Population fragmentation drives up genetic diversity in signals of individual identity

Calvin Dytham & Michael Thom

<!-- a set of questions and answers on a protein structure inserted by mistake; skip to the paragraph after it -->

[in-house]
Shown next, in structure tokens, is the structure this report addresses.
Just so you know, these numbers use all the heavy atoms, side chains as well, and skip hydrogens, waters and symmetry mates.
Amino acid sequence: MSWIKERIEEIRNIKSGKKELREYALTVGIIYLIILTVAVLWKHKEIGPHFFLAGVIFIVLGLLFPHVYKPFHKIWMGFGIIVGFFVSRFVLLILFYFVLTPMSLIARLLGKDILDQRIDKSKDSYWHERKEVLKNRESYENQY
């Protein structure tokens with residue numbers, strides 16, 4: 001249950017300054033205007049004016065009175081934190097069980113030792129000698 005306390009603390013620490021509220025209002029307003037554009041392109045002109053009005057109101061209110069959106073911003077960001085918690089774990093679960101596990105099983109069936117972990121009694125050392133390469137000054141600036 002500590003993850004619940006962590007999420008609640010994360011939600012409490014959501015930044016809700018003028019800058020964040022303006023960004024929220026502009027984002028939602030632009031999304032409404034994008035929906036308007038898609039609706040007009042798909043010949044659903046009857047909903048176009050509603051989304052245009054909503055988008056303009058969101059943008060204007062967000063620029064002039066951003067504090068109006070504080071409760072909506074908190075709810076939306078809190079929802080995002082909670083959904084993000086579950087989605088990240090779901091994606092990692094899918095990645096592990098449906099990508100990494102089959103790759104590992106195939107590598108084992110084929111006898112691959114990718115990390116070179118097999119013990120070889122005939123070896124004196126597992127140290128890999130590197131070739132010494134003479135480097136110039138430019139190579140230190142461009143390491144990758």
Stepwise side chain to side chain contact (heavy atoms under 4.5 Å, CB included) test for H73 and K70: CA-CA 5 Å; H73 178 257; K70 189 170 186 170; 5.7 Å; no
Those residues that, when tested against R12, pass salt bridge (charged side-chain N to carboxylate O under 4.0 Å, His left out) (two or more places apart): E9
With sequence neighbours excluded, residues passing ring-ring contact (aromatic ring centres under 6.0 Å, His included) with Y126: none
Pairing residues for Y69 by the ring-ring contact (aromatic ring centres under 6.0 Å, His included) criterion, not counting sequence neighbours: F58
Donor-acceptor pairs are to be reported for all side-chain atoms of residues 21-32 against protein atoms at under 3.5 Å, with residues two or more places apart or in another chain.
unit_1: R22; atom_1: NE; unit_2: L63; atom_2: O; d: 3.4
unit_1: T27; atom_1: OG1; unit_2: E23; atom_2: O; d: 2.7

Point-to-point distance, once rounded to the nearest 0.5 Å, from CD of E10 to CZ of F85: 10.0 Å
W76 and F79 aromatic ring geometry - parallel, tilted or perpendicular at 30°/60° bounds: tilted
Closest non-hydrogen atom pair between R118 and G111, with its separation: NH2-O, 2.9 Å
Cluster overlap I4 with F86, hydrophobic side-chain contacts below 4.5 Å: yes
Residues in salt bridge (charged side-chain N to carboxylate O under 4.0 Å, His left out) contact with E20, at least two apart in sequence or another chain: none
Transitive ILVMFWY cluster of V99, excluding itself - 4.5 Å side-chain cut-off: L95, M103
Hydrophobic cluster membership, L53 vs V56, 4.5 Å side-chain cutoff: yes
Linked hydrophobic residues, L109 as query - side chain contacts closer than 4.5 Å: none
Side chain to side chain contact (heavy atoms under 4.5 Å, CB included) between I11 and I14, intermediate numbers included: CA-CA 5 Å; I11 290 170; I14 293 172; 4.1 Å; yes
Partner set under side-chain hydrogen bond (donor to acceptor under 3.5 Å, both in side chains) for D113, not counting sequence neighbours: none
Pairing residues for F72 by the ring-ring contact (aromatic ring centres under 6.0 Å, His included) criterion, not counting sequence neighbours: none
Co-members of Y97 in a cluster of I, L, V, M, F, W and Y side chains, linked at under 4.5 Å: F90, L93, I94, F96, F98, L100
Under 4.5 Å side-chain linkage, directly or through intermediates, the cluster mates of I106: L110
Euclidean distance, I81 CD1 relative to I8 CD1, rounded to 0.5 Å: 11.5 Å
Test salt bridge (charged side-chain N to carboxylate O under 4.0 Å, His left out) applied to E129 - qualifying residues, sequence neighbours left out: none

Many species advertise their unique identity to conspecifics using dedicated individuality signals: one familiar example is human faces. But how unique in the global population do these signals need to be? While human faces are highly variable, each person interacts with many fewer individuals than are found in the total population. This raises the question of how evolutionary mechanisms drive up population-wide diversity when selection occurs at such a local level. We use an individual-based...
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